CableLabs has announced its approval of a new streaming protocol called DTCP-IP (Digital Transmission Copy Protection), allowing consumers to stream cable TV programming across their home networks for viewing on devices that aren't attached to a set-top box. The protocol will use DRM to lock down content to ensure that it doesn't leave the cable subscribers' homes. To enforce the number one restriction content providers request, content that cannot be copied, DTCP-IP will use the "same level of protection, functionality, and treatment of content" that exists in the AACS DRM technology. That means that the movie studios will be able to revoke a device's keys in much the same way that they can for HD DVD and Blu-ray players.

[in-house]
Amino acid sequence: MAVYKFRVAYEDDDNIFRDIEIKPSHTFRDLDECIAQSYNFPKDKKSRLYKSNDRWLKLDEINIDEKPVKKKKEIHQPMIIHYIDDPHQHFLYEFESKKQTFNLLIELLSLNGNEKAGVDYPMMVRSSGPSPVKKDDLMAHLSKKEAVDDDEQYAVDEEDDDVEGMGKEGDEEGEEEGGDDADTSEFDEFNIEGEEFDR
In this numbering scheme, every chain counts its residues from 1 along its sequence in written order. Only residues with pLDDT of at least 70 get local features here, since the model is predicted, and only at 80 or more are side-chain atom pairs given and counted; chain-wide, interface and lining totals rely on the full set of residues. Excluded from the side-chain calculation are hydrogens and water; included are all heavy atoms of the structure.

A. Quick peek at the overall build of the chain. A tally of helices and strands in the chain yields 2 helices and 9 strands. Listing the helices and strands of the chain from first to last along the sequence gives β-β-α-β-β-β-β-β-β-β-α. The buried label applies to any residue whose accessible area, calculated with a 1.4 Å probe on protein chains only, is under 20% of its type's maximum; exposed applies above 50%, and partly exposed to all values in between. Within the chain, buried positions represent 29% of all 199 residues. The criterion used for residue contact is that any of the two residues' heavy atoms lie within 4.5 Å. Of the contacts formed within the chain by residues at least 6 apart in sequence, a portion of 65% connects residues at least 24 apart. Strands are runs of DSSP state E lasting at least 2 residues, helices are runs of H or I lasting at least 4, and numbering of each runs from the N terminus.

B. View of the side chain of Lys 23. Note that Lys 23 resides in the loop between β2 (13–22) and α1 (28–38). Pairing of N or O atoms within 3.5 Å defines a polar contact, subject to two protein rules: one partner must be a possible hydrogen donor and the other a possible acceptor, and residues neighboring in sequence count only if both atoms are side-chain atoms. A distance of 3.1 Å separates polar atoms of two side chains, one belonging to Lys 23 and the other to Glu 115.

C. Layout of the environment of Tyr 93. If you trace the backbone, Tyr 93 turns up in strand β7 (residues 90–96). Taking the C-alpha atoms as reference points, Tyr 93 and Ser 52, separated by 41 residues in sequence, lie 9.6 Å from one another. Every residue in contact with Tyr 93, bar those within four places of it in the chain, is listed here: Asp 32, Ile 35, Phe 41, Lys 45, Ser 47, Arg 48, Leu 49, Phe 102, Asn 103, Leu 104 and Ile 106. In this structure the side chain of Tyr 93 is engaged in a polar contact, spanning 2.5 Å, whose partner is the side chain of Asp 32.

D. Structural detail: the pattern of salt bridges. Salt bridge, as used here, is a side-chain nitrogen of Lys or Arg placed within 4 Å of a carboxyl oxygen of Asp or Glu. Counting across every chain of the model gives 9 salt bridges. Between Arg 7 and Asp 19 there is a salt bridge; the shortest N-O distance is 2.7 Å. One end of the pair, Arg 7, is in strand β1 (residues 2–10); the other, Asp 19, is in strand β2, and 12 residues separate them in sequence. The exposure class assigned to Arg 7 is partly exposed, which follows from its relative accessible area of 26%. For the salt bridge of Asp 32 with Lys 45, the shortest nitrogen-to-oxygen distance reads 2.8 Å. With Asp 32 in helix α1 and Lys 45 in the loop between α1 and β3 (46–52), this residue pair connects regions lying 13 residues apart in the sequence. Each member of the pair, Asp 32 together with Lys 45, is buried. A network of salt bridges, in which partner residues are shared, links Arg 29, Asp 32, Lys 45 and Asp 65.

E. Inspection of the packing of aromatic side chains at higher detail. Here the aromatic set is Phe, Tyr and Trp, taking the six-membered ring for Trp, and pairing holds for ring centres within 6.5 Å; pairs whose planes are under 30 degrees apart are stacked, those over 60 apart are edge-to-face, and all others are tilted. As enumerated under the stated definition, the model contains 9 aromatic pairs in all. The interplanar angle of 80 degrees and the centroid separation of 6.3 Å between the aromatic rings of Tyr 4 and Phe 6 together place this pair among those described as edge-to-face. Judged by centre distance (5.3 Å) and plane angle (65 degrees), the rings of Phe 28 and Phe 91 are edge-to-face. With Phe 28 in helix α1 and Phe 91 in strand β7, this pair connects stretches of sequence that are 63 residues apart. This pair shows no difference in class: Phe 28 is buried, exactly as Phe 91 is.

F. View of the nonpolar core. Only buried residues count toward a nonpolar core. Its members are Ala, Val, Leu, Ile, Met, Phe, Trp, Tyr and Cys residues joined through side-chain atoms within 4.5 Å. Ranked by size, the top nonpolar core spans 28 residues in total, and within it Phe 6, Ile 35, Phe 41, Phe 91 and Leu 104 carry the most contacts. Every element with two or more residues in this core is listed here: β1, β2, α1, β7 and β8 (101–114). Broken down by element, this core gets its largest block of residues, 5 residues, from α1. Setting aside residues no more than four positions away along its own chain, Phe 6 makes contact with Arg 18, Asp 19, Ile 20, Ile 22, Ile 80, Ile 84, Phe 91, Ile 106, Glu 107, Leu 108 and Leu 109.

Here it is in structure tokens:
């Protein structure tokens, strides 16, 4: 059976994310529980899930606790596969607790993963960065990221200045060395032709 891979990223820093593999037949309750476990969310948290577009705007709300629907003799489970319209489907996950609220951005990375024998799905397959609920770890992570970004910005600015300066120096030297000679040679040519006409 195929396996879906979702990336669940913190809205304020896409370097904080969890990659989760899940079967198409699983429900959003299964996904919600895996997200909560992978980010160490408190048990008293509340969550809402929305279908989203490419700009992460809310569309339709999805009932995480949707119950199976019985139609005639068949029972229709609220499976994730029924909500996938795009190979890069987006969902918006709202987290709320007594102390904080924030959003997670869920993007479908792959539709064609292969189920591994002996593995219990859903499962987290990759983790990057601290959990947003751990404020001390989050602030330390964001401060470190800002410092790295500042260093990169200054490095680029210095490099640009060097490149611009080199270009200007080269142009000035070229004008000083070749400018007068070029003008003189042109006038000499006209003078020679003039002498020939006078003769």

"The agreement we reached today addresses the highly complex concerns raised by the affected parties—cable, content, and consumer electronics—and brings benefits to consumers. Working together, we agreed on solutions that meet our respective business needs and serve the interests of consumers and content providers," said Dr. Richard R. Green, CEO of CableLabs.
News source: Ars Technica